According to one aspect of the invention, a storage control system is configured to operate as a remote copy pair by communicating between a primary controller and a remote controller of the remote copy pair. A primary controller is configured to receive a write command and to write data to primary storage. A secondary controller is configured to receive a write command and to write data to remote storage. An ARC controller is configured to suppress the release of the write command to remote controller if a delay between receiving the write command and the time when the remote storage may accept the data is more than a threshold delay; wherein the primary controller suppresses recording the data in primary storage until release of the write command to the remote storage.
According to another aspect of the invention, a method of asynchronous remote copy (ARC) of data between primary storage and remote storage comprises sending a primary write command to a primary controller and sending an ARC write command to an ARC controller; suppressing the release of the ARC command from the ARC controller if a delay between the time associated with sending the ARC write command to the ARC controller and the time when the remote storage may accept the data is more than a threshold; and recording the data at the primary storage upon release of the ARC command to the remote storage.
The invention may allow suppression of the ARC relationship after degradation of the primary IO. In one embodiment, a user adjustable setting in the ARC implementation is provided that allows the user to specify the threshold, for example, how long the user will tolerate degradation of the primary IO before the ARC relationship may be suspended.
When the implementation of ARC starts to impact the performance of writes at the primary, some users may value performance at the primary more than they value the continued operation of the ARC. These users may want the ARC relationship to suspend rather than impacting performance at the primary. When the relationship suspends, the ARC implementation stops sending write data to the remote data storage and the lag at the remote site increases as time goes buy until the relationship is restarted. Typically suspending and restarting an ARC relationship carries a penalty of requiring more data to be transferred when the relationship is restarted or requiring a period of loss of synchronisation.
Other users may value the continuous operation of the ARC and tolerate any amount of performance degradation at the primary. The majority of users may fall between these two extremes and may tolerate some degree of performance degradation before they allow the ARC to suspend.
In accordance with one aspect of the invention, a system comprising one or more logic units is provided. The one or more logic units are configured to perform the functions and operations associated with the above-disclosed methods. In yet another embodiment, a computer program product comprising a computer useable medium having a computer readable program is provided. The computer readable program when executed on a computer causes the computer to perform the functions and operations associated with the above-disclosed methods.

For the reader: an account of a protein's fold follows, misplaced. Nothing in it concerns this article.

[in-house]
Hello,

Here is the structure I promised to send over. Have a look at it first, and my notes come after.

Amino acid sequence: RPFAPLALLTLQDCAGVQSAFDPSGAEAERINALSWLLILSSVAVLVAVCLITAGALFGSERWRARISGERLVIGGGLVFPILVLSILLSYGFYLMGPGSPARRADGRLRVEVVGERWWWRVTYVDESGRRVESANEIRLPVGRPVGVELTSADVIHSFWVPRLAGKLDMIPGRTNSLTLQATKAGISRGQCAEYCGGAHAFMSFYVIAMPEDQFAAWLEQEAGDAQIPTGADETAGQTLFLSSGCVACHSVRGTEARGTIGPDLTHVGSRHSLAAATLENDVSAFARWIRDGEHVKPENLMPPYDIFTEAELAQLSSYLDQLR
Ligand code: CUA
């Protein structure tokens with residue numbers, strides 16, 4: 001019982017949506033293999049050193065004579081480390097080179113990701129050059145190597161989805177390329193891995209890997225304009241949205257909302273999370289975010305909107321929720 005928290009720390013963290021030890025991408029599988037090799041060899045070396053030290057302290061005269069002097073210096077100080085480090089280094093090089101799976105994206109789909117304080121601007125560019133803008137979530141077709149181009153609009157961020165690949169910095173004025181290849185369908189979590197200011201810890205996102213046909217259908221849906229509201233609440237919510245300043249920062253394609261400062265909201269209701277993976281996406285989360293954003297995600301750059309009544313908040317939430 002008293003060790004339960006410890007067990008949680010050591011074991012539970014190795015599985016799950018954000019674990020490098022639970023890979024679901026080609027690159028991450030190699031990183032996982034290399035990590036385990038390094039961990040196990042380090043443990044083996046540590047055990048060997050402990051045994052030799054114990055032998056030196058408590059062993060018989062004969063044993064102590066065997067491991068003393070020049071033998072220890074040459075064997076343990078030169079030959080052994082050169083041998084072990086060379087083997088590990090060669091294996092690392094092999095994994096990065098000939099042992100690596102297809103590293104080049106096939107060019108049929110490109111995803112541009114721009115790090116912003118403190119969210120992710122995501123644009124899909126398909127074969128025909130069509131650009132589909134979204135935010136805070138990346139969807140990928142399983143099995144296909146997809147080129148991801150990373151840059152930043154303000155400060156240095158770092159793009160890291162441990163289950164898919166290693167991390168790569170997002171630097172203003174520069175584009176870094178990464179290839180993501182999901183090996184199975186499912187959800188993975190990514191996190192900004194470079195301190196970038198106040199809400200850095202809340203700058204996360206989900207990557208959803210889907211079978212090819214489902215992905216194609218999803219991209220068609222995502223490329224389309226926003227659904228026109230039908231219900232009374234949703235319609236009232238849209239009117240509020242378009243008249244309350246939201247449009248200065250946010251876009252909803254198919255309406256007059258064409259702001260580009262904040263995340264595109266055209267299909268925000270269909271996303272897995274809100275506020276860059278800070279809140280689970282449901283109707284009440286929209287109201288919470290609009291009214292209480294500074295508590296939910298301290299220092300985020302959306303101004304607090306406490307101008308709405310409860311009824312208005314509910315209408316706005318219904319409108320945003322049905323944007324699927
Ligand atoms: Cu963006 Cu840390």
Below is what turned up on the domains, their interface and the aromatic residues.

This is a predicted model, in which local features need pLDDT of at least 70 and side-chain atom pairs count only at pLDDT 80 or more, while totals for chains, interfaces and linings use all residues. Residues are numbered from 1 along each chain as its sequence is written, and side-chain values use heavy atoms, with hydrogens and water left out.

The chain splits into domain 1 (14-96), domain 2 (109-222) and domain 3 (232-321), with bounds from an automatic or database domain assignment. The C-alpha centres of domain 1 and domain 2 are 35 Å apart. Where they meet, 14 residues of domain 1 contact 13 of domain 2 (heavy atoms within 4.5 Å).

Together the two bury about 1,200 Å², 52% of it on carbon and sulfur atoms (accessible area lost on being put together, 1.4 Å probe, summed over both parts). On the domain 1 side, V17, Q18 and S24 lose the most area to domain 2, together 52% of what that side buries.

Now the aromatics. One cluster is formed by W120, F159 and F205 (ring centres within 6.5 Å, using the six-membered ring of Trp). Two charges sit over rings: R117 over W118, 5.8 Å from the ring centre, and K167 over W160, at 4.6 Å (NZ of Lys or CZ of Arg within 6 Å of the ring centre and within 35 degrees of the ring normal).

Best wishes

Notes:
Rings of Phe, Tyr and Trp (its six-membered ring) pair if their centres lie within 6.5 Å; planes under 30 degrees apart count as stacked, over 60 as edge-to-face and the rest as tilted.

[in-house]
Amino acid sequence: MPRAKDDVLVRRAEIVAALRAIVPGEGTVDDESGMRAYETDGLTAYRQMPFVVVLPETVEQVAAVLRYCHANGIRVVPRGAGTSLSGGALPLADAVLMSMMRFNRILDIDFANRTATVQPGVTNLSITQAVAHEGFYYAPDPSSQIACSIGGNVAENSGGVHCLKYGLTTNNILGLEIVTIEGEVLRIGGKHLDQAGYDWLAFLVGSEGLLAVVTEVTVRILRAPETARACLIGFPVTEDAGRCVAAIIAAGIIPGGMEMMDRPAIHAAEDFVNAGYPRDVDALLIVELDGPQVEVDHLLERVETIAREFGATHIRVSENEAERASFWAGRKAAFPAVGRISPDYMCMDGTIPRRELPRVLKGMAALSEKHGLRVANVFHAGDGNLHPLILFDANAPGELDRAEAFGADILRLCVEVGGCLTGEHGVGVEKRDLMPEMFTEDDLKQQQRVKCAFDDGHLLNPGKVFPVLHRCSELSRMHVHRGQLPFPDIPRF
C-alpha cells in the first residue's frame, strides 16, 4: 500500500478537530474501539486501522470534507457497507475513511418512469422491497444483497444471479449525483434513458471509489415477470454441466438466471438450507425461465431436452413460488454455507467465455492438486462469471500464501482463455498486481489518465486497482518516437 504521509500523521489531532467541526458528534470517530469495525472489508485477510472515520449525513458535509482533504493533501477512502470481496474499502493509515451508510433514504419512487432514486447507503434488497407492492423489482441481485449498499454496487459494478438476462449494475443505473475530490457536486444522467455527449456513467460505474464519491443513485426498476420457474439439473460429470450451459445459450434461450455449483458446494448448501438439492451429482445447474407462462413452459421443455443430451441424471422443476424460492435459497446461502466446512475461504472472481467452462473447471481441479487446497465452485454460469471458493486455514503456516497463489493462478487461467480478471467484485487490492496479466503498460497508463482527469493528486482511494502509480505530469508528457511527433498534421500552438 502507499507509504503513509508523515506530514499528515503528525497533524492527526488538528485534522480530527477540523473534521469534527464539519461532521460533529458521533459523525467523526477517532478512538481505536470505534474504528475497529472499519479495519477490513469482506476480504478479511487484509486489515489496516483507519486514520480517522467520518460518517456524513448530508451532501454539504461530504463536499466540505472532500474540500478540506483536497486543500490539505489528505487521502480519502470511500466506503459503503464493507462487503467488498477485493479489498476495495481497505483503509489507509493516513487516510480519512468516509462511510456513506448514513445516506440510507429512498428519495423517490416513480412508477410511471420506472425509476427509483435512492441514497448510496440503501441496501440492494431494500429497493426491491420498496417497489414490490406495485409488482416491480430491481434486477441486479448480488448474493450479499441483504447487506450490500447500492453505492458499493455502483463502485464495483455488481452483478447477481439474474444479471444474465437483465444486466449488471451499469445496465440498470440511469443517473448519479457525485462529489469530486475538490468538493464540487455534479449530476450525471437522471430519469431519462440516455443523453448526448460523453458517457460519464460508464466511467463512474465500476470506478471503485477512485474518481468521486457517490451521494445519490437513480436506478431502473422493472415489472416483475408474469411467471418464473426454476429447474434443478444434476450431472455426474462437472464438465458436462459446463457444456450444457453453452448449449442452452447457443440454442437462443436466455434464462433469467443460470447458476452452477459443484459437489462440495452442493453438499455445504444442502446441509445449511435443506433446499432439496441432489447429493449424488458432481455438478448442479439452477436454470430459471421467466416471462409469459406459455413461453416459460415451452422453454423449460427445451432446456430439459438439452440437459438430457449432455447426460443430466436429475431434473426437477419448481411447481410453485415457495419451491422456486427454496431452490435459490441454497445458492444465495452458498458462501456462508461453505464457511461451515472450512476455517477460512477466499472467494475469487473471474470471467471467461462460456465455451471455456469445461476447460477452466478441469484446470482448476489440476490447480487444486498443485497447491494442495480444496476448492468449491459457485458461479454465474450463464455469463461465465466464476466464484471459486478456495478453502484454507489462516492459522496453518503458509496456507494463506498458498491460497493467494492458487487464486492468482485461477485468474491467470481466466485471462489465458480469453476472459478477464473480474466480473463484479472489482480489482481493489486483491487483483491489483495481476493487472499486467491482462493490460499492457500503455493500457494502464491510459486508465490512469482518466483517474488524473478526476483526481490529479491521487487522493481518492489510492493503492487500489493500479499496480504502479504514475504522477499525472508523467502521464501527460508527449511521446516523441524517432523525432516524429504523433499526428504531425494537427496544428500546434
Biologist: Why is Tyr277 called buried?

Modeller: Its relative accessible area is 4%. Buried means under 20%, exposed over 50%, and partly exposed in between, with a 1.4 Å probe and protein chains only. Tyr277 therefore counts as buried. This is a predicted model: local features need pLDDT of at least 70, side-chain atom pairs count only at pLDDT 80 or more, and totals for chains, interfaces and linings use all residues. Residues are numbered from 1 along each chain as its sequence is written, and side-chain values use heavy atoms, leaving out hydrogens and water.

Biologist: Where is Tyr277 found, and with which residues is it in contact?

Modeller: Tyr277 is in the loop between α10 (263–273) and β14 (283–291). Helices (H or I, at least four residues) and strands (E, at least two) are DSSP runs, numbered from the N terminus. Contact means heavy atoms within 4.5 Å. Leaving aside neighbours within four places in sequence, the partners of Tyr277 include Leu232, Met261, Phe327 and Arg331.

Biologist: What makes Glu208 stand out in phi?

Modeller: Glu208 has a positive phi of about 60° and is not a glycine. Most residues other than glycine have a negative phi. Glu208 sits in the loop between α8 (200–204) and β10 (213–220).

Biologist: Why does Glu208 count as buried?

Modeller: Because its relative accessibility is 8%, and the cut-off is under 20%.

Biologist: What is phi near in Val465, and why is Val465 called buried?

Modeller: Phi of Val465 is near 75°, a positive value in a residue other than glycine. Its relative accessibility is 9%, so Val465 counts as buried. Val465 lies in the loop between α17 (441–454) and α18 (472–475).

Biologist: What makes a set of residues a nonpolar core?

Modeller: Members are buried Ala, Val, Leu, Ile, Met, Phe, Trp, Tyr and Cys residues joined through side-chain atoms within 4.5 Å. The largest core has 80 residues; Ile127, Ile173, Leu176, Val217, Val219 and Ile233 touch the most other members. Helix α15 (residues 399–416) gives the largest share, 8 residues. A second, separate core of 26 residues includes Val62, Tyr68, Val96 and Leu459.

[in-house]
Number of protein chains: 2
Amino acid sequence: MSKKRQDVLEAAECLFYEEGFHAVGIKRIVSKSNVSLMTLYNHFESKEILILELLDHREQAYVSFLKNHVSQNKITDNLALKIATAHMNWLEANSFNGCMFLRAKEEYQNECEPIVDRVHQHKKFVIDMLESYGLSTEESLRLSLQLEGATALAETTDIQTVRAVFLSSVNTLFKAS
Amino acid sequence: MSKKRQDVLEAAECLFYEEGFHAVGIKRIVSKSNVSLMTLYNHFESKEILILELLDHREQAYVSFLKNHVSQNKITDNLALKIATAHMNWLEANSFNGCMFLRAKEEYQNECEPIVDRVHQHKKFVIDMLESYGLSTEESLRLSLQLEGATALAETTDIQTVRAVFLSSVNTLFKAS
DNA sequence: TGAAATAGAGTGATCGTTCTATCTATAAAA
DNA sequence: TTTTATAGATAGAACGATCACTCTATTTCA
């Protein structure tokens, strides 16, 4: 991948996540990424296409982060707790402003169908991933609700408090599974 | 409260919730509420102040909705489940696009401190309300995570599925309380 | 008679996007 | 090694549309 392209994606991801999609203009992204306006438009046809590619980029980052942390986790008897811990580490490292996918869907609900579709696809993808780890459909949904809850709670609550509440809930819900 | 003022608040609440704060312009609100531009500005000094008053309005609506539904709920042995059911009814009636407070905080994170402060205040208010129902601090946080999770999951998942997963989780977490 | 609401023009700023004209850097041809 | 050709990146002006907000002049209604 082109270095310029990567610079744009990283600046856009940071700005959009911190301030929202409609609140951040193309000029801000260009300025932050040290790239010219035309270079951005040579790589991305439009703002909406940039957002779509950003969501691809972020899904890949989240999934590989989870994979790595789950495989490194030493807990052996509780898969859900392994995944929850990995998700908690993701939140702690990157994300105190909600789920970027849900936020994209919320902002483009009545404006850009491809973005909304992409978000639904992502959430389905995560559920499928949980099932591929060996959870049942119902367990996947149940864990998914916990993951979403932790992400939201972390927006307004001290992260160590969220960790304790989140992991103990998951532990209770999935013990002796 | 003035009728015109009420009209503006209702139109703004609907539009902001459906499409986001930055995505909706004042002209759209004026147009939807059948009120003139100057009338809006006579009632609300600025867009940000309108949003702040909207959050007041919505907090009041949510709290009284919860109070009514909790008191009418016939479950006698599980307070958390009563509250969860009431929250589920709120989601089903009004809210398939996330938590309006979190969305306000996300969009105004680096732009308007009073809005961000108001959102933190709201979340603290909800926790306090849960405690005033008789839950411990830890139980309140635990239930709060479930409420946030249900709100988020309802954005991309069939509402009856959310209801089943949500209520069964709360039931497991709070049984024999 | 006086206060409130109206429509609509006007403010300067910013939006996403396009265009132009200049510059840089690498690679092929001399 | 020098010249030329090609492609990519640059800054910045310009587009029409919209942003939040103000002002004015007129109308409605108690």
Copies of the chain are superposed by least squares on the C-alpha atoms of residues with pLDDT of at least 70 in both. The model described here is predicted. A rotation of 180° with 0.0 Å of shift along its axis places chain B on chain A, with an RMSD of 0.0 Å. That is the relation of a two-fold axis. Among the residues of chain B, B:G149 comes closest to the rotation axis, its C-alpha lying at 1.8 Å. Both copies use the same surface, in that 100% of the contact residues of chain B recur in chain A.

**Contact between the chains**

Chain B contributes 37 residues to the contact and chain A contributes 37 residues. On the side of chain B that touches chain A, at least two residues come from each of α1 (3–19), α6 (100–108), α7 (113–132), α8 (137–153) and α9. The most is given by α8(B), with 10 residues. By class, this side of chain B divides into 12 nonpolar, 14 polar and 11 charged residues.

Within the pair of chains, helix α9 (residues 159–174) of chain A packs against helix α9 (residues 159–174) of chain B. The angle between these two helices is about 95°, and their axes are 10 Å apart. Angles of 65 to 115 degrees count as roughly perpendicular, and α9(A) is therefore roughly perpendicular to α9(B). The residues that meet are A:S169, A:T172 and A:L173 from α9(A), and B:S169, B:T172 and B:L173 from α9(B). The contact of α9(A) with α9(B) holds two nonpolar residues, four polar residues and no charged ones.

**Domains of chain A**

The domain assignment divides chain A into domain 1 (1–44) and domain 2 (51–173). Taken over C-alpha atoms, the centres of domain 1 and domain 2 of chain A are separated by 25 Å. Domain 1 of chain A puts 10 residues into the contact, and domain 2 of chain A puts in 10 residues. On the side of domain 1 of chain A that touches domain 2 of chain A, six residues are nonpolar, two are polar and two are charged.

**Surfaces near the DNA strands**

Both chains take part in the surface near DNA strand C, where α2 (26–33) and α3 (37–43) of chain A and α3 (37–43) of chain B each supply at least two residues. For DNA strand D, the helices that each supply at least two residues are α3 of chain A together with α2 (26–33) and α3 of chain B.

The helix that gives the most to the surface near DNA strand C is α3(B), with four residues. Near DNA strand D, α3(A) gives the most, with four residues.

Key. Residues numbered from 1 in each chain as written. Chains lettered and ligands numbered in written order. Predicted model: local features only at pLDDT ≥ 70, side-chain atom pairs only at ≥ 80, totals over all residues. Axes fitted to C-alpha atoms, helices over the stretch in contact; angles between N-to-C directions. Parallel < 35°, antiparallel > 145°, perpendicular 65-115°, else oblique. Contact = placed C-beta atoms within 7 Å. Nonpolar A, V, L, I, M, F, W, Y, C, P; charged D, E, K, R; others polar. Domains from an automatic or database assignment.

BRIEF DESCRIPTION OF THE DRAWINGS
One or more of the above-disclosed embodiments in addition to certain alternatives are provided in further detail below with reference to the attached figures. The invention is not, however, limited to any particular embodiment disclosed.
Embodiments of the present invention are understood by referring to the figures in the attached drawings, as provided below.
FIG. 1 is a block diagram of an asynchronous remote copying system according to one embodiment; and
FIG. 2 is a flow diagram of a method for managing the components of an asynchronous remote copying system, according to an exemplary embodiment.
- DETAILED DESCRIPTION OF EXEMPLARY EMBODIMENTS
Features, elements, and aspects of the invention that are referenced by the same numerals in different figures represent the same, equivalent, or similar features, elements, or aspects, in accordance with one or more embodiments
Referring to FIG. 1, a host 10 may write to a primary controller 12 having primary storage 14. The primary controller 12 may use the ARC technique to replicate the data to a remote controller 16 which writes the data onto remote storage 18, such as a disk storage system. Linked between the primary controller 12 and the remote controller 16 is an ARC controller 20 having an ARC buffer 22. In one embodiment, the ARC controller 20 may use a threshold timer 28 to determine the delay between receiving a write command at the ARC controller and when the remote controller 16 may accept the write data. The ARC controller may determine if this delay exceeds a delay threshold.
The delay may be determined by tracking the resources that are available. For example, remote controller 16 may be able to accept the write data, when the ARC controller 20 tracks the resources that are available at the remote controller 16 versus the resources being used for writes that are in progress. The resources available may be established as part of the initialization process for the communications between remote controller 16 and ARC controller 20. Resources are consumed by writes that are in progress from point 58, when ARC buffers the write data and until the ARC controller receives acknowledgement that the write has completed at the remote controller 16.